Memoirs of General W.T. Sherman

Text to Speech

nothing in front of Chattanooga except what we can use as food and

clothing and haul in our wagons. There is plenty of corn in the

country, and we only want forage for the posts. I allow ten days

for all this to be done, by which time I expect to be at or near


I telegraphed also to General Amos Beckwith, chief-commissary in

Atlanta, who was acting as chief-quartermaster during the absence

of General Easton:

Hood will escape me. I want to prepare for my big raid. On the

1st of November I want nothing in Atlanta but what is necessary for

war. Send all trash to the rear at once, and have on hand thirty

days' food and but little forage. I propose to abandon Atlanta,

and the railroad back to Chattanooga, to sally forth to ruin

Georgia and bring up on the seashore. Make all dispositions

accordingly. I will go down the Coosa until I am sure that Hood

has gone to Blue Mountain.

On the 21st of October I reached Gaylesville, had my bivouac in an

open field back of the village, and remained there till the 28th.

During that time General Schofield arrived, with the two divisions

of Generals Wagner (formerly Newton's) and Morgan, which were

returned to their respective corps (the Fourth and Fourteenth), and

General Schofield resumed his own command of the Army of the Ohio,

then on the Coosa River, near Cedar Bluff. General Joseph A. Mower

also arrived, and was assigned to command a division in the

Seventeenth Corps; and General J. H. Wilson came, having been sent

from Virginia by General Grant, for the purpose of commanding all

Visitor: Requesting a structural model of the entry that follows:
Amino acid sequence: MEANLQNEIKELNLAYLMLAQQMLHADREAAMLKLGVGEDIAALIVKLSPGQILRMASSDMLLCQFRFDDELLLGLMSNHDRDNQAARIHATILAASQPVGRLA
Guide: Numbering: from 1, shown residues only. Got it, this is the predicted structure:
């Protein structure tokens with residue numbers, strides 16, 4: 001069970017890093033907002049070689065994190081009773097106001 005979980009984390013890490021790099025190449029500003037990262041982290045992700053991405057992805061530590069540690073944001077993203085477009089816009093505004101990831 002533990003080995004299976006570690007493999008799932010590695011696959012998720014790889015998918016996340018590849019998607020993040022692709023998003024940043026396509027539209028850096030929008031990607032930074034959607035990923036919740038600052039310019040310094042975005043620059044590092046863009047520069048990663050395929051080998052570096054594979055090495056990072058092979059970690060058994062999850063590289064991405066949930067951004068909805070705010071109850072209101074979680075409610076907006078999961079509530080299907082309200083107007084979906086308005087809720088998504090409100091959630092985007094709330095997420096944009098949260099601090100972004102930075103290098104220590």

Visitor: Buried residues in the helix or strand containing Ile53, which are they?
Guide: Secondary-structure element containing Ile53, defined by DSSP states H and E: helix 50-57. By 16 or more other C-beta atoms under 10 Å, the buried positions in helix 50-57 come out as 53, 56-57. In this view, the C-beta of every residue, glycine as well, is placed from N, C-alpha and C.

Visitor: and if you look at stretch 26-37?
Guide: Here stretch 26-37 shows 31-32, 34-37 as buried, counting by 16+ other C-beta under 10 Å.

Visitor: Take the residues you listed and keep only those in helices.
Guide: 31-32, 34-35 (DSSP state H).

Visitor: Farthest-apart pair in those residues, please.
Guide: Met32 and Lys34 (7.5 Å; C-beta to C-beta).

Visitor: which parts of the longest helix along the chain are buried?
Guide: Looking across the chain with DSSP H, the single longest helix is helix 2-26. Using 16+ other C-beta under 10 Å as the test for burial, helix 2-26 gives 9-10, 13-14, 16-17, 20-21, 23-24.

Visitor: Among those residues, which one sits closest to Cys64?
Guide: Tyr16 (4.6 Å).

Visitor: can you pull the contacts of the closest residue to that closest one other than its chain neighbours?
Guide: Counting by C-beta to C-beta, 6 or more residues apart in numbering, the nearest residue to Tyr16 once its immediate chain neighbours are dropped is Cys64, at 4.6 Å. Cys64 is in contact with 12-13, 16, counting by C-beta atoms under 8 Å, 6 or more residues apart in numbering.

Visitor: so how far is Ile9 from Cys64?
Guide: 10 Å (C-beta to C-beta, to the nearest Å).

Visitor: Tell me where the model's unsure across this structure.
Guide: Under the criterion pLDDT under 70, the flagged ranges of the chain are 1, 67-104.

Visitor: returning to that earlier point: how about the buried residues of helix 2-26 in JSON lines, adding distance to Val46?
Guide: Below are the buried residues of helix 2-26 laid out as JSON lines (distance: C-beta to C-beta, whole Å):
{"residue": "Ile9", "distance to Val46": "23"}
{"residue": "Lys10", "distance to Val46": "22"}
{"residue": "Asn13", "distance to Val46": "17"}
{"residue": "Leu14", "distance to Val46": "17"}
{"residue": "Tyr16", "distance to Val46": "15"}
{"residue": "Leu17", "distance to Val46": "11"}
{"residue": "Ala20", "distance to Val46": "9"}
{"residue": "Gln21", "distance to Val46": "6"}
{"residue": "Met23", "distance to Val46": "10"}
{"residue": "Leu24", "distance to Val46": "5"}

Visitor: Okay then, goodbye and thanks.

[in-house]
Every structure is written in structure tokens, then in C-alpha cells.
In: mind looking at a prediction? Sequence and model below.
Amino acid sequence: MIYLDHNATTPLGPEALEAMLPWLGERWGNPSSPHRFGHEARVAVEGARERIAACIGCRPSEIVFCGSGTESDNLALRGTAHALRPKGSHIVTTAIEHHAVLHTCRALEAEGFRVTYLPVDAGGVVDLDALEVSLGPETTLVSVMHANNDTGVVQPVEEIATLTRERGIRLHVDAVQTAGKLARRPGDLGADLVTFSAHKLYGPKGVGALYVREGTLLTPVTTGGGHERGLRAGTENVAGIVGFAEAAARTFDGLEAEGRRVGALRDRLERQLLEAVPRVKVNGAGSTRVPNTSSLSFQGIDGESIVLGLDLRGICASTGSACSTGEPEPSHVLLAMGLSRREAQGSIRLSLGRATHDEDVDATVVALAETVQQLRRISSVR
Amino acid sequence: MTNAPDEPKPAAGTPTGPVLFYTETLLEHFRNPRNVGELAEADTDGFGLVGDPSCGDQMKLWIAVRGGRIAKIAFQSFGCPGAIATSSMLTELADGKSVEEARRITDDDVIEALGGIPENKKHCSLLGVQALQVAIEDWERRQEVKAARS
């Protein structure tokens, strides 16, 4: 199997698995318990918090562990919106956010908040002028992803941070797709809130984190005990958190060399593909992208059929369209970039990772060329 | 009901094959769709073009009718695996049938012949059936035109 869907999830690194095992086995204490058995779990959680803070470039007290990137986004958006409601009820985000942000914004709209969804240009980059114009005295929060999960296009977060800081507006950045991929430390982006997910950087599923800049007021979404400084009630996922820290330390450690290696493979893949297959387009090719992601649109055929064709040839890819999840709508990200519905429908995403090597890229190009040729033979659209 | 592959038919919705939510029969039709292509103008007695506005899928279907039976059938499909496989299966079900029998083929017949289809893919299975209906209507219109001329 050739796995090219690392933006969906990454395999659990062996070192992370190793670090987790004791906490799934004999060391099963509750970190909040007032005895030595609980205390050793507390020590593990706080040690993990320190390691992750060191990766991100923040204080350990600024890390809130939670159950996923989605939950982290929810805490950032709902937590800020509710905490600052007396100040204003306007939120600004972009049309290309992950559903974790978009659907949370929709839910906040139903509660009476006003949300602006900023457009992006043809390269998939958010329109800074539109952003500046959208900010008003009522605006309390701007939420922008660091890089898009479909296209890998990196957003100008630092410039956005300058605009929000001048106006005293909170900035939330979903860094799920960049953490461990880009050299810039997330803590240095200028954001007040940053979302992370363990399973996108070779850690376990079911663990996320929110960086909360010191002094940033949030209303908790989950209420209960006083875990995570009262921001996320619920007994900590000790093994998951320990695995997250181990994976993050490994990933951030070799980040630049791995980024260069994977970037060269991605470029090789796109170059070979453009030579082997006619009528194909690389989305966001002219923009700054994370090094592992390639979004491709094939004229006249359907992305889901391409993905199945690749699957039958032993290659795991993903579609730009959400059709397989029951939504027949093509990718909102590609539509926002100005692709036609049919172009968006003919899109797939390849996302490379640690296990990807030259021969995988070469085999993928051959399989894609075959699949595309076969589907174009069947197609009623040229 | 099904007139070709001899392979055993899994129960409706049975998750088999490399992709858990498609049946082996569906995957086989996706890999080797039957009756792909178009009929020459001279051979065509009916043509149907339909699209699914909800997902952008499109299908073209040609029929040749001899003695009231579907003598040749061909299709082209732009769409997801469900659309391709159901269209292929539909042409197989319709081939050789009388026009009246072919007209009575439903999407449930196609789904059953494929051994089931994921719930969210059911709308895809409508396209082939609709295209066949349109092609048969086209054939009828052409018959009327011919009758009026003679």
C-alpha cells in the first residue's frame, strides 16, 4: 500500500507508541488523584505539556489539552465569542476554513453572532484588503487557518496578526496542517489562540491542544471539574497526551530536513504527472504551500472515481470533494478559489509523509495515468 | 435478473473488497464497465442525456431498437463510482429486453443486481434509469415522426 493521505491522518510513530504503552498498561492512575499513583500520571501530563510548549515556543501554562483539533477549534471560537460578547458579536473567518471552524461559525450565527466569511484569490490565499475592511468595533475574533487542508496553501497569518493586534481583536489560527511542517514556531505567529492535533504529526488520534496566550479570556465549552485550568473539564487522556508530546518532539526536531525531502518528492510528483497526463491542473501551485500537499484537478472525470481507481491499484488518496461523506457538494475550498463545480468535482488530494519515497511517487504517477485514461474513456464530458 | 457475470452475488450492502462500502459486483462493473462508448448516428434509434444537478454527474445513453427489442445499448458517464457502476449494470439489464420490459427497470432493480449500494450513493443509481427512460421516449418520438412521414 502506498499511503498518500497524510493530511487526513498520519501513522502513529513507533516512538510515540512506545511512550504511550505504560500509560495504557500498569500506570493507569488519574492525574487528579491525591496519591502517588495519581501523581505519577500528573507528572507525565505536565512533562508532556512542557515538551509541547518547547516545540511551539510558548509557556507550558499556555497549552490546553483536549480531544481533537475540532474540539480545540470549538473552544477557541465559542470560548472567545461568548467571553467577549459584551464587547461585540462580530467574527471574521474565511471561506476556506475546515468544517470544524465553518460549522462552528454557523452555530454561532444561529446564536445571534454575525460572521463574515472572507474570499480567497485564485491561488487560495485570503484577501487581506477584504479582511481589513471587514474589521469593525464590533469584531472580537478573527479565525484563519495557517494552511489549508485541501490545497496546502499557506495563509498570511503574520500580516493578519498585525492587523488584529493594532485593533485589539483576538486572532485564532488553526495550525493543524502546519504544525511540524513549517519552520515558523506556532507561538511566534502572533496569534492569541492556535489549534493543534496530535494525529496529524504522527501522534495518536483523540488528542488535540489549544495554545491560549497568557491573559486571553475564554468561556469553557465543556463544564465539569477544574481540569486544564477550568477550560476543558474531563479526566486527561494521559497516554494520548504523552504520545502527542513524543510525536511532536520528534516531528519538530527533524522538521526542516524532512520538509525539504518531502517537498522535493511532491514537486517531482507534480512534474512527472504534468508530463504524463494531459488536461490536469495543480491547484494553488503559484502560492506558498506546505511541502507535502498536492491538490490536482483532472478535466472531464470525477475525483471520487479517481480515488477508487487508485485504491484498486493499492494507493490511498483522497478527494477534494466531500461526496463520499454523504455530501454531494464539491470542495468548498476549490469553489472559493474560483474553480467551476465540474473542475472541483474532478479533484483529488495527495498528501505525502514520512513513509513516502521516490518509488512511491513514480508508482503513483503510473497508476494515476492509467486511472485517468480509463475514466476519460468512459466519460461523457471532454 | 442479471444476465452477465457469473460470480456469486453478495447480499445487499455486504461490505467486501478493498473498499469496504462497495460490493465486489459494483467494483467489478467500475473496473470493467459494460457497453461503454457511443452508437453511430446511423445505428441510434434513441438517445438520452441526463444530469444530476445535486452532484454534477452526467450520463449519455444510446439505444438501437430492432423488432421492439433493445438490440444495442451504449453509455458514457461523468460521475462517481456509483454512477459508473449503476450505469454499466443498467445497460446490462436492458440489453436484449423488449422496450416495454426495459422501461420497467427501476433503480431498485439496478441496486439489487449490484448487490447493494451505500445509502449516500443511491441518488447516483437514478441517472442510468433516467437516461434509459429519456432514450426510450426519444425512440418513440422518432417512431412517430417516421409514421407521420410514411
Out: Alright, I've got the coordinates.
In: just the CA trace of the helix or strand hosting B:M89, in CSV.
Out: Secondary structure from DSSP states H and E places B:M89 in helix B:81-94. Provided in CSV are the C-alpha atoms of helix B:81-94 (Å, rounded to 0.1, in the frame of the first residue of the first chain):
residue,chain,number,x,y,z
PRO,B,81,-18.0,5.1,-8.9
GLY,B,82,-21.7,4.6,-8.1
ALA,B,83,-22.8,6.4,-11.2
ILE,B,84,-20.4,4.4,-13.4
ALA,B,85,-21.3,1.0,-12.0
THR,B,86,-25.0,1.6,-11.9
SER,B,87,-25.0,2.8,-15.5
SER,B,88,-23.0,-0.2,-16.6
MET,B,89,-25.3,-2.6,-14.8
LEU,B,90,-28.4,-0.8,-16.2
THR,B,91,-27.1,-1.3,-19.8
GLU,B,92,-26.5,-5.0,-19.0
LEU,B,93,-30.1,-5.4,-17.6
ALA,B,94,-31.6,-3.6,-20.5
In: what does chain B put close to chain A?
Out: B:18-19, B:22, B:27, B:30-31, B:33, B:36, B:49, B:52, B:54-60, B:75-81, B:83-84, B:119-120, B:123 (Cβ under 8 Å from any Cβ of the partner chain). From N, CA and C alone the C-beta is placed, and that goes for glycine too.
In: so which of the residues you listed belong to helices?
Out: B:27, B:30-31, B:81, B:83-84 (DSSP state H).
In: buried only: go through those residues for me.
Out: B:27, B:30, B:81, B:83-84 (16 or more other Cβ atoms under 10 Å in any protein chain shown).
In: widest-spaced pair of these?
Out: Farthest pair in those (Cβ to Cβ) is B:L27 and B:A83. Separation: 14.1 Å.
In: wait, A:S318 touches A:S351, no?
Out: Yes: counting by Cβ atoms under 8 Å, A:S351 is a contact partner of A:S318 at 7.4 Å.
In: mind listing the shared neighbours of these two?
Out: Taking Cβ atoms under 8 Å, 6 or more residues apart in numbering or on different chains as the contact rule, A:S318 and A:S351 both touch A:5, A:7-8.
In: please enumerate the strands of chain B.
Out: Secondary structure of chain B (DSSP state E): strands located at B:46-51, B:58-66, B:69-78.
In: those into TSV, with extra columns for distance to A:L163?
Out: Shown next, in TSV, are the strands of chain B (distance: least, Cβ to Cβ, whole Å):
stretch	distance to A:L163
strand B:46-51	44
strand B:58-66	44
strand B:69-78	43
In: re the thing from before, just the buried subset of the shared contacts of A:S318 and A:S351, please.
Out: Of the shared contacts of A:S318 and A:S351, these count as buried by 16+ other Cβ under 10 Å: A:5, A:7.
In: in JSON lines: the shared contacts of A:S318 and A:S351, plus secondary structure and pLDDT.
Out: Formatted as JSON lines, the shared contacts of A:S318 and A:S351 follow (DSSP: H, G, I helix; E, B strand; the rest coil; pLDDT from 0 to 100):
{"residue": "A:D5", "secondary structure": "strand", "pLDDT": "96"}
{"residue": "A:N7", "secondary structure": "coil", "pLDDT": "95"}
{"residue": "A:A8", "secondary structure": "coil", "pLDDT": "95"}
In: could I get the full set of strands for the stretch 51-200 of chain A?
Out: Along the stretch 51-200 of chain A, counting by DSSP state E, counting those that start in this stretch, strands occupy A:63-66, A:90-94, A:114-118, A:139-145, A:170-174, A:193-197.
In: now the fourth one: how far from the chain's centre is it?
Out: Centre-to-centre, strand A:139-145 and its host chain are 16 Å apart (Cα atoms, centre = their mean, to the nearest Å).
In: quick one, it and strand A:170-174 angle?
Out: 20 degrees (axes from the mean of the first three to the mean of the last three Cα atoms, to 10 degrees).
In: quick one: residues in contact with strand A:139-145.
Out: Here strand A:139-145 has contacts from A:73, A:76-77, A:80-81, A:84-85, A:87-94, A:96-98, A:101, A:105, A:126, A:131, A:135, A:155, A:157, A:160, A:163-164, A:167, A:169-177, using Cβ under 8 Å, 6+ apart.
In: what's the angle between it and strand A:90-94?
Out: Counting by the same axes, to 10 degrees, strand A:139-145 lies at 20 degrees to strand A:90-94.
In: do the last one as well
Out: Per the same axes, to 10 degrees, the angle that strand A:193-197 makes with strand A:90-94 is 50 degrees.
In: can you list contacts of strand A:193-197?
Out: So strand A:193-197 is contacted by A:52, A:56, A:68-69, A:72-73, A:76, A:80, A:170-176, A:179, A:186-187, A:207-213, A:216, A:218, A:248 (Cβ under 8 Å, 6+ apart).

my cavalry. I first intended to organize this cavalry into a corps

of three small divisions, to be commanded by General Wilson; but

the horses were well run down, and, at Wilson's instance, I

concluded to retain only one division of four thousand five hundred

men, with selected horses, under General Kilpatrick, and to send

General Wilson back with all the rest to Nashville, to be

reorganized and to act under General Thomas in the defense of

Tennessee. Orders to this effect were made on the 24th of October.

General Grant, in designating General Wilson to command my cavalry,

predicted that he would, by his personal activity, increase the

effect of that arm "fifty per cent.," and he advised that he should

be sent south, to accomplish all that I had proposed to do with the

main army; but I had not so much faith in cavalry as he had, and

preferred to adhere to my original intention of going myself with a

competent force.

About this time I learned that General Beauregard had reached

Hood's army at Gadsden; that, without assuming direct command of

that army, he had authority from the Confederate Government to

direct all its movements, and to call to his assistance the whole

strength of the South. His orders, on assuming command, were full

of alarm and desperation, dated:


October 17, 1864

In assuming command, at this critical juncture, of the Military

Division of the West, I appeal to my countrymen, of all classes and

sections, for their generous support. In assigning me to this

responsible position, the President of the Confederate States has

extended to me the assurance of his earnest support. The

Executives of your States meet me with similar expressions of their

devotion to our cause. The noble army in the field, composed of

brave men and gallant officers, are strangers to me, but I know

they will do all that patriots can achieve.....

The army of Sherman still defiantly holds Atlanta. He can and must

be driven from it. It is only for the good people of Georgia and

surrounding states to speak the word, and the work is done, we have

abundant provisions. There are men enough in the country, liable

to and able for service, to accomplish the result.....